Event Tracing for Windows (ETW, aka xperf) is usually used to monitor CPU usage, through its sampling profiler and its ability to record detailed information about context switches. Well, ETW is also used to monitor file I/O, and disk I/O, and sometimes registry accesses, and of course GPU activity, window-in-focus, UI Delays, process lifetimes, and a few other things. Okay, so ETW gets used for a lot of different things, normally configured in the same way and recorded across the entire system.
Heap profiling is different. Even to those who are used to the odd incantations needed to record an ETW trace it can be daunting trying to figure out how to do heap profiling. I’ve postponed writing about it because it was too much work to explain how to record heap traces and analyze them. But now that UIforETW has been released it is almost trivial to record ETW heap traces, and even analyzing them is made easier.
And, as a bonus, system memory-lists and VirtualAlloc calls for all processes are recorded in all UIforETW traces and lightly documented at the bottom of this post.
Event Tracing for Windows (ETW) aka xperf is an amazing tool for investigating the performance of Windows machines – I’ve blogged about it many times and it’s helped me find some amazing issues. But recording ETW traces has always been tricky. Microsoft’s wprui.exe showed some potential, but is ultimately missing some features and often gets tripped up by ETW performance bugs.
The fallback plan is to use carefully crafted batch files to record ETW traces. These offer flexibility but… uggh. Batch files? Really? Are we savages?
I finally got annoyed enough by this situation to create UIforETW. This is a tool that records ETW traces, works around ETW performance bugs, allows configuration of trace recording options, works as a trace management UI, and more.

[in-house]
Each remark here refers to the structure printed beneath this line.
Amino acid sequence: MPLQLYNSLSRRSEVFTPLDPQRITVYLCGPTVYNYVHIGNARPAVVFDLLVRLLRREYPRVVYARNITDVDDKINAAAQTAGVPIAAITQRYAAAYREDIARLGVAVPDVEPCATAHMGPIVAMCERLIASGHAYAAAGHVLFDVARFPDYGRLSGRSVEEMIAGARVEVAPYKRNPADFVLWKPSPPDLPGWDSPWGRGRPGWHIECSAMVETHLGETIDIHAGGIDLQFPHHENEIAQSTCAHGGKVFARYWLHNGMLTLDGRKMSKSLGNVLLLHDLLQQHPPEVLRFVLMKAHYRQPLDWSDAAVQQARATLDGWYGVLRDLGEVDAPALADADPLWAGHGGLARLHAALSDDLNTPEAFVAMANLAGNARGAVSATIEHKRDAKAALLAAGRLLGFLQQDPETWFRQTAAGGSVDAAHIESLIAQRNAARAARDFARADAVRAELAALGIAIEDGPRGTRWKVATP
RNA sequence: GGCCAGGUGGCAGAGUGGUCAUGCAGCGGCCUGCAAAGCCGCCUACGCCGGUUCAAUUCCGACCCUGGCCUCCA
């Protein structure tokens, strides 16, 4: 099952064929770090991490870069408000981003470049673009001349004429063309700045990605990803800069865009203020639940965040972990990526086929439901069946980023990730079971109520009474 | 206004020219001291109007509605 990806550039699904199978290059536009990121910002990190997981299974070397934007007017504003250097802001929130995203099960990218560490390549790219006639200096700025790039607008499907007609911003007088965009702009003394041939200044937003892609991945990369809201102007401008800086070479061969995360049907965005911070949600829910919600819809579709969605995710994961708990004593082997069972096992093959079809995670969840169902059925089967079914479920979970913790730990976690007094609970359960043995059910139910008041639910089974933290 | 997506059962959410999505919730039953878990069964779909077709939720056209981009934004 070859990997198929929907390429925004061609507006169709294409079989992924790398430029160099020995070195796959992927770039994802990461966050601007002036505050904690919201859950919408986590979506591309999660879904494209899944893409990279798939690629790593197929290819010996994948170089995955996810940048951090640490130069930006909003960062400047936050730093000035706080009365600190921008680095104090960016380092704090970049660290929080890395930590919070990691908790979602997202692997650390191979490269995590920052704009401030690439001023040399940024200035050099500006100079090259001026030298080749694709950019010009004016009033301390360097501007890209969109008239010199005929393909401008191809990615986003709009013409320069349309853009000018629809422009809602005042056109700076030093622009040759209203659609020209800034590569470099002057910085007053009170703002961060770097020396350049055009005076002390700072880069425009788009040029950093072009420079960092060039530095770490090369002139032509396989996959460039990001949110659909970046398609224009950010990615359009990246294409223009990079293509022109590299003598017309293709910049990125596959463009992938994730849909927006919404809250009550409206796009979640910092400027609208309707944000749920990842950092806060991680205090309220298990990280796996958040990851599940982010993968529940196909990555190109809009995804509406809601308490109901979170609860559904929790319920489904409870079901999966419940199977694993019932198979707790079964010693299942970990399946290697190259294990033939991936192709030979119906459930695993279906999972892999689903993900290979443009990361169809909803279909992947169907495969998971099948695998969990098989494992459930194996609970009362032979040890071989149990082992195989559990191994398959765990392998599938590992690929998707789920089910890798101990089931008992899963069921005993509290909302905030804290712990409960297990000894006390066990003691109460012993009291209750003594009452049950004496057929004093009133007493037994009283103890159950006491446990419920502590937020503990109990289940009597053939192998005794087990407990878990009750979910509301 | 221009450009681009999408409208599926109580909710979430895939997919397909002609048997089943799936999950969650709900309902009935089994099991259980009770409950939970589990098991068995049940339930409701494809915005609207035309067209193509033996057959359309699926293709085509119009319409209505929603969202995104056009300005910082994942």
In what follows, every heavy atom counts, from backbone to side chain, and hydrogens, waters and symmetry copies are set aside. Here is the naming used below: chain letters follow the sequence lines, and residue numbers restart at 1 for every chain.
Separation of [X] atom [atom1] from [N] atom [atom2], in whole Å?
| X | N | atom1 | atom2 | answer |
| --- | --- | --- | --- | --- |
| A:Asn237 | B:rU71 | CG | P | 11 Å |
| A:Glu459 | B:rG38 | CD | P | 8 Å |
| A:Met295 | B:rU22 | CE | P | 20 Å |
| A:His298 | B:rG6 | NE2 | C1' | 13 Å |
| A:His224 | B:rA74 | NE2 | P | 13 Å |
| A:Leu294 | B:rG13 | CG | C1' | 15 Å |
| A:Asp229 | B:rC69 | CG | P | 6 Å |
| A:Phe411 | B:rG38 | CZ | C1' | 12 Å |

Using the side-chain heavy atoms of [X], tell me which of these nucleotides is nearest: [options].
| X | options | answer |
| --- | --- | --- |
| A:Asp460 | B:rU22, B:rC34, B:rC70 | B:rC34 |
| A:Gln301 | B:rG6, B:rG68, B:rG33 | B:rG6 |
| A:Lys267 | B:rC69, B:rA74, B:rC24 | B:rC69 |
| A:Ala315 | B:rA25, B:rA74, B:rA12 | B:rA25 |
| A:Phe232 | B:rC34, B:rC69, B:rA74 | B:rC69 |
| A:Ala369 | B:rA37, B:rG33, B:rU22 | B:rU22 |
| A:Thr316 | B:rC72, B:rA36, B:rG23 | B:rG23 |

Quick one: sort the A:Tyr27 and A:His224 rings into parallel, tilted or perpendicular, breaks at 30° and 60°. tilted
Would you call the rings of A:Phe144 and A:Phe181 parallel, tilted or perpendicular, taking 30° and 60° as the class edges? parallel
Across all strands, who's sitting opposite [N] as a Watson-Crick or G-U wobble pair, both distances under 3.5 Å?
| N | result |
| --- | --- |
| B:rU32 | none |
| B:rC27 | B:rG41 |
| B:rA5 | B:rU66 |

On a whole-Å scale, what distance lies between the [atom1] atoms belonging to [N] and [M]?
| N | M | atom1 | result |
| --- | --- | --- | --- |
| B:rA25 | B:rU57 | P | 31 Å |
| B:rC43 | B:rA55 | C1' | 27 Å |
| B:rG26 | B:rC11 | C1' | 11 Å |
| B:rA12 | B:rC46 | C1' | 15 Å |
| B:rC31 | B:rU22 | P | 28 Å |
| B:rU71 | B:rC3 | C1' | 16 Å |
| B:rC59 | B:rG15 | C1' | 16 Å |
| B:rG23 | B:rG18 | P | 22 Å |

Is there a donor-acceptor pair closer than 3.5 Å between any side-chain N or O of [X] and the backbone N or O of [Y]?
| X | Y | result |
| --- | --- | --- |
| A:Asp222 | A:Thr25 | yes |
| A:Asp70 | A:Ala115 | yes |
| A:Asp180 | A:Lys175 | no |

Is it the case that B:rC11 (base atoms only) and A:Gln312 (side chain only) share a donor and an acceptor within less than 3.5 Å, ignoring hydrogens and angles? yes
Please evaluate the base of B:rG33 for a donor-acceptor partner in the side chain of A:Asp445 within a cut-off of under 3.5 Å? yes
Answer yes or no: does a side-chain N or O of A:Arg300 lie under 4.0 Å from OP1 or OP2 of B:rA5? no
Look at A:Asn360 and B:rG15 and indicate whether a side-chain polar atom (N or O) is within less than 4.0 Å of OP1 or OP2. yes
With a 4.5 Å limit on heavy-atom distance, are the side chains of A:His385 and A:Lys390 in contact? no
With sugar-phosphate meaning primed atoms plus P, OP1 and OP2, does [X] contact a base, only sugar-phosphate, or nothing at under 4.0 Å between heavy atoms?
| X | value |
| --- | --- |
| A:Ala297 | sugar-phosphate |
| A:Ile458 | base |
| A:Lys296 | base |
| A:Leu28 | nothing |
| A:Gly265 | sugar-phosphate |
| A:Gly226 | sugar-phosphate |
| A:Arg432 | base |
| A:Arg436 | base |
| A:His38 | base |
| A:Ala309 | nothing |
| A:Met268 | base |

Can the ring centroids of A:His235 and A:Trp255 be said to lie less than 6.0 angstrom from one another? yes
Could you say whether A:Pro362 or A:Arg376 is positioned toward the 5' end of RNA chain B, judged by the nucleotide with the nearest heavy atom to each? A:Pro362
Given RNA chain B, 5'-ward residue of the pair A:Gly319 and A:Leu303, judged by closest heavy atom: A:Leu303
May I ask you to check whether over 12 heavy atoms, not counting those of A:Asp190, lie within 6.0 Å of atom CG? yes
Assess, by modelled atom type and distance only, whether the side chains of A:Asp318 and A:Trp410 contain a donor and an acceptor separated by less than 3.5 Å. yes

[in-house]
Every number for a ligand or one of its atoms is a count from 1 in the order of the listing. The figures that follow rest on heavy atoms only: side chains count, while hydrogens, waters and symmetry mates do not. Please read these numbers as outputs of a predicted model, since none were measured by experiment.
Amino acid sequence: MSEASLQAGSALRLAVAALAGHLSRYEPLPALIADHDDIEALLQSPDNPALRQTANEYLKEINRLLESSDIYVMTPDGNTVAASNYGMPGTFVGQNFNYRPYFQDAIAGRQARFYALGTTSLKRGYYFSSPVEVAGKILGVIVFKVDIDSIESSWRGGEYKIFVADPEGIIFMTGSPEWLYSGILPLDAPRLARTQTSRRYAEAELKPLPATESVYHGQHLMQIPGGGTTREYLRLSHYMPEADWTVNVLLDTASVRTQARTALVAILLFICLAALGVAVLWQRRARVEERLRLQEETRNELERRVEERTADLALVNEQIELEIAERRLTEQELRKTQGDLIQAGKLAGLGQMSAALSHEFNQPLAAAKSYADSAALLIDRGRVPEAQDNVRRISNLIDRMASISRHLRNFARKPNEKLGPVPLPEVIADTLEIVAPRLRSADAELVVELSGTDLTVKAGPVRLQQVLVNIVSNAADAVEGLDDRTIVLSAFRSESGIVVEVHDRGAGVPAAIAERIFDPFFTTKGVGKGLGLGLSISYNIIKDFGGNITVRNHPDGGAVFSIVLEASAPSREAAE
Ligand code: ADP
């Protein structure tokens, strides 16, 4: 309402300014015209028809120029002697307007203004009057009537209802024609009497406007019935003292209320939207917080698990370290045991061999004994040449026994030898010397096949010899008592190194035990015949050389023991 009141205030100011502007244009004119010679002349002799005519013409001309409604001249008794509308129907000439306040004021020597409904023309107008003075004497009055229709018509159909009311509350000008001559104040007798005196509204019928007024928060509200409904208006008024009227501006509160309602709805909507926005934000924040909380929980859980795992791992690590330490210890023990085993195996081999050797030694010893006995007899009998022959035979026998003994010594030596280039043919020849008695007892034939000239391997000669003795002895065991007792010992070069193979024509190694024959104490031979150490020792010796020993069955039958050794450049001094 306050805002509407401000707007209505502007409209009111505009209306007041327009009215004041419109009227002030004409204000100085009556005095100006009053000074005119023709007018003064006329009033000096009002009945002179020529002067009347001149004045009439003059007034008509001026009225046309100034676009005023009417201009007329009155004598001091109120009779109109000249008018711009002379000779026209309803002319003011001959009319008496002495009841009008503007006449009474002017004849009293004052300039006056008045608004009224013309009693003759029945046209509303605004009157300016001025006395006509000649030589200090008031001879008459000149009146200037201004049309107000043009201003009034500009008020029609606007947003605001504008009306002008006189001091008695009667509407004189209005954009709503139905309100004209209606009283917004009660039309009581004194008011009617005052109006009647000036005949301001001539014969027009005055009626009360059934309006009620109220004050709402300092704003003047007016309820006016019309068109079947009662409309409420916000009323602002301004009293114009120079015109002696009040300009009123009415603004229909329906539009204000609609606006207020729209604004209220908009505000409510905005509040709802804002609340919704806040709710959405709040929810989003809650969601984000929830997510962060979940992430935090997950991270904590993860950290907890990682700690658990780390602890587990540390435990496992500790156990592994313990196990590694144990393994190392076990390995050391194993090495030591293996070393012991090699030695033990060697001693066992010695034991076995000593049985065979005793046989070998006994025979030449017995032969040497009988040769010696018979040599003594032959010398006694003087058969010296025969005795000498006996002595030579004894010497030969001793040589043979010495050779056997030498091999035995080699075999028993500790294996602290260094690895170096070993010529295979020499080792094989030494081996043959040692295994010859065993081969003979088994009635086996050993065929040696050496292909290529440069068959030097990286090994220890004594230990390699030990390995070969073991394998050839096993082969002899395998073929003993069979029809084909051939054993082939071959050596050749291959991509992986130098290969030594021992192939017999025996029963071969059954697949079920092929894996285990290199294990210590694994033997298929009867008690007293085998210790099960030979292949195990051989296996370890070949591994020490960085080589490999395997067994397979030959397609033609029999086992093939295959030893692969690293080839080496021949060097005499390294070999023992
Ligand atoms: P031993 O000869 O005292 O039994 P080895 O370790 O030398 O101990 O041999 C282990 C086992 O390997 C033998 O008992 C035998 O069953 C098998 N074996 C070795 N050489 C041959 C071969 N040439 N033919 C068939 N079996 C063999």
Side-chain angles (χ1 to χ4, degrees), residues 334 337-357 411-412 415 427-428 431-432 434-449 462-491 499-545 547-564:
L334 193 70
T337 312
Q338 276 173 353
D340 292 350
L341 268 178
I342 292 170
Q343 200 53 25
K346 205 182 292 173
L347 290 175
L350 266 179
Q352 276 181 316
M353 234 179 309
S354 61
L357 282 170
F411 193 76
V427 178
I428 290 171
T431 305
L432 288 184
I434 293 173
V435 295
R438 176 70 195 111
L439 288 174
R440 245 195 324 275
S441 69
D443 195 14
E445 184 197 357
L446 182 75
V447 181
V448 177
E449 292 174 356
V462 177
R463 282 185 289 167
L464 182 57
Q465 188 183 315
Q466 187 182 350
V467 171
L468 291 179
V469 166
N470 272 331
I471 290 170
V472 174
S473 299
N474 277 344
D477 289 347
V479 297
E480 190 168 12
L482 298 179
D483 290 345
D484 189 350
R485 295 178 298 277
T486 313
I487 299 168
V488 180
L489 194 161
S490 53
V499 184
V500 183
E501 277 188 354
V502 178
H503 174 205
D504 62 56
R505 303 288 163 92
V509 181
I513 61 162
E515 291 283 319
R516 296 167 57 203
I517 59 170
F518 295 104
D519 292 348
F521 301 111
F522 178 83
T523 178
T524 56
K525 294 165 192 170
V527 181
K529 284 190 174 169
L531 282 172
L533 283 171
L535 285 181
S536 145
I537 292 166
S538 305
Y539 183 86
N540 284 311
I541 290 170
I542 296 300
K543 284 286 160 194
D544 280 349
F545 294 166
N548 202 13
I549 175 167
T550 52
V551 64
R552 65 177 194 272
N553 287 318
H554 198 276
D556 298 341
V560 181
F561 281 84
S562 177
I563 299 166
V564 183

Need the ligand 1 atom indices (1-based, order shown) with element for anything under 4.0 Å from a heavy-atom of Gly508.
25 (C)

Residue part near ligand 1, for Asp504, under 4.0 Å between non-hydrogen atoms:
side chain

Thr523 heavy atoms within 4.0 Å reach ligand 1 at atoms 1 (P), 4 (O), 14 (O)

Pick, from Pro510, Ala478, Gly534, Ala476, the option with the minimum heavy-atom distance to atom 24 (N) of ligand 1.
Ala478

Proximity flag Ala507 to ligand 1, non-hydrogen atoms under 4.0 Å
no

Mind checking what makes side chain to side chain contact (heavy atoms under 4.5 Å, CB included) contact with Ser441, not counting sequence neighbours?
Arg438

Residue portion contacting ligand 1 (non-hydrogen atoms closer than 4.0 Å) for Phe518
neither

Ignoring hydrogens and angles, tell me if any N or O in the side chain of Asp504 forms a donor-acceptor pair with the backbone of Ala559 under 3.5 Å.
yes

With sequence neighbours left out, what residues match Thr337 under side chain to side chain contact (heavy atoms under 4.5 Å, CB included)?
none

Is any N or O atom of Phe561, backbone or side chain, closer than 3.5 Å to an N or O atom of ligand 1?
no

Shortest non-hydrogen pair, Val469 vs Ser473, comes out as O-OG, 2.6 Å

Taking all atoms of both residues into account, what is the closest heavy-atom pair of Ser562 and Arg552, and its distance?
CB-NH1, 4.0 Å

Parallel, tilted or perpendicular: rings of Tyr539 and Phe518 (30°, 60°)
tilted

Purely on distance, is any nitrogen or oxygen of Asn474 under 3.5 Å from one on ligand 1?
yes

Posted in xperf
Tagged ETW, github, UIforETW
Despite extolling the virtues of wprui for recording ETW traces (here, and here) I’ve actually returned to using xperf.exe in batch files to do most of my trace recording. It gives me more precise control over what is recorded, and where, and with Windows 8+ it has another advantage: trace compression!
As usual the trace compression feature is lightly documented so I’m going to explain it here, and while I’m at it I’ll explain a bit more about recording traces with xperf.
Update: I eventually gave in and wrote a UI for recording ETW traces. You can read more about it at the UIforETW announcement.
Some code optimizations requires complex data structures and thousands lines of code. But, in a surprising number of cases, significant improvements can be made by simple changes – sometimes as simple as typing a single zero. It’s like the old story of the boilermaker who knows the right place to tap with his hammer – he sends an itemized bill for $0.50 for tapping the valve, and $999.50 for knowing where to tap.
Whenever I add a network printer to one of my Windows computers at home I end up with a reference to a hard-coded IP address. That means that the next time my home router reboots and assigns a different IP address, I lose the ability to print. Having the printer configured to a hard-coded IP address is like browsing to 126.96.36.199 instead of www.google.com.
In order to ensure reliable printing for my family I have had to do some printer configuration jujitsu and I want to share my steps here, if only so that I’ll remember them next time.
It’s important to understand the cost of memory allocations, but this cost can be surprisingly tricky to measure. It seems reasonable to measure this cost by wrapping calls to new and delete with timers. However, for large buffers these timers may miss over 99% of the true cost of these operations, and these hidden costs are larger than I had expected.
Further complicating these measurements, it turns out that some of the cost may be charged to another process and will therefore not show up in any timings that you might plausibly make.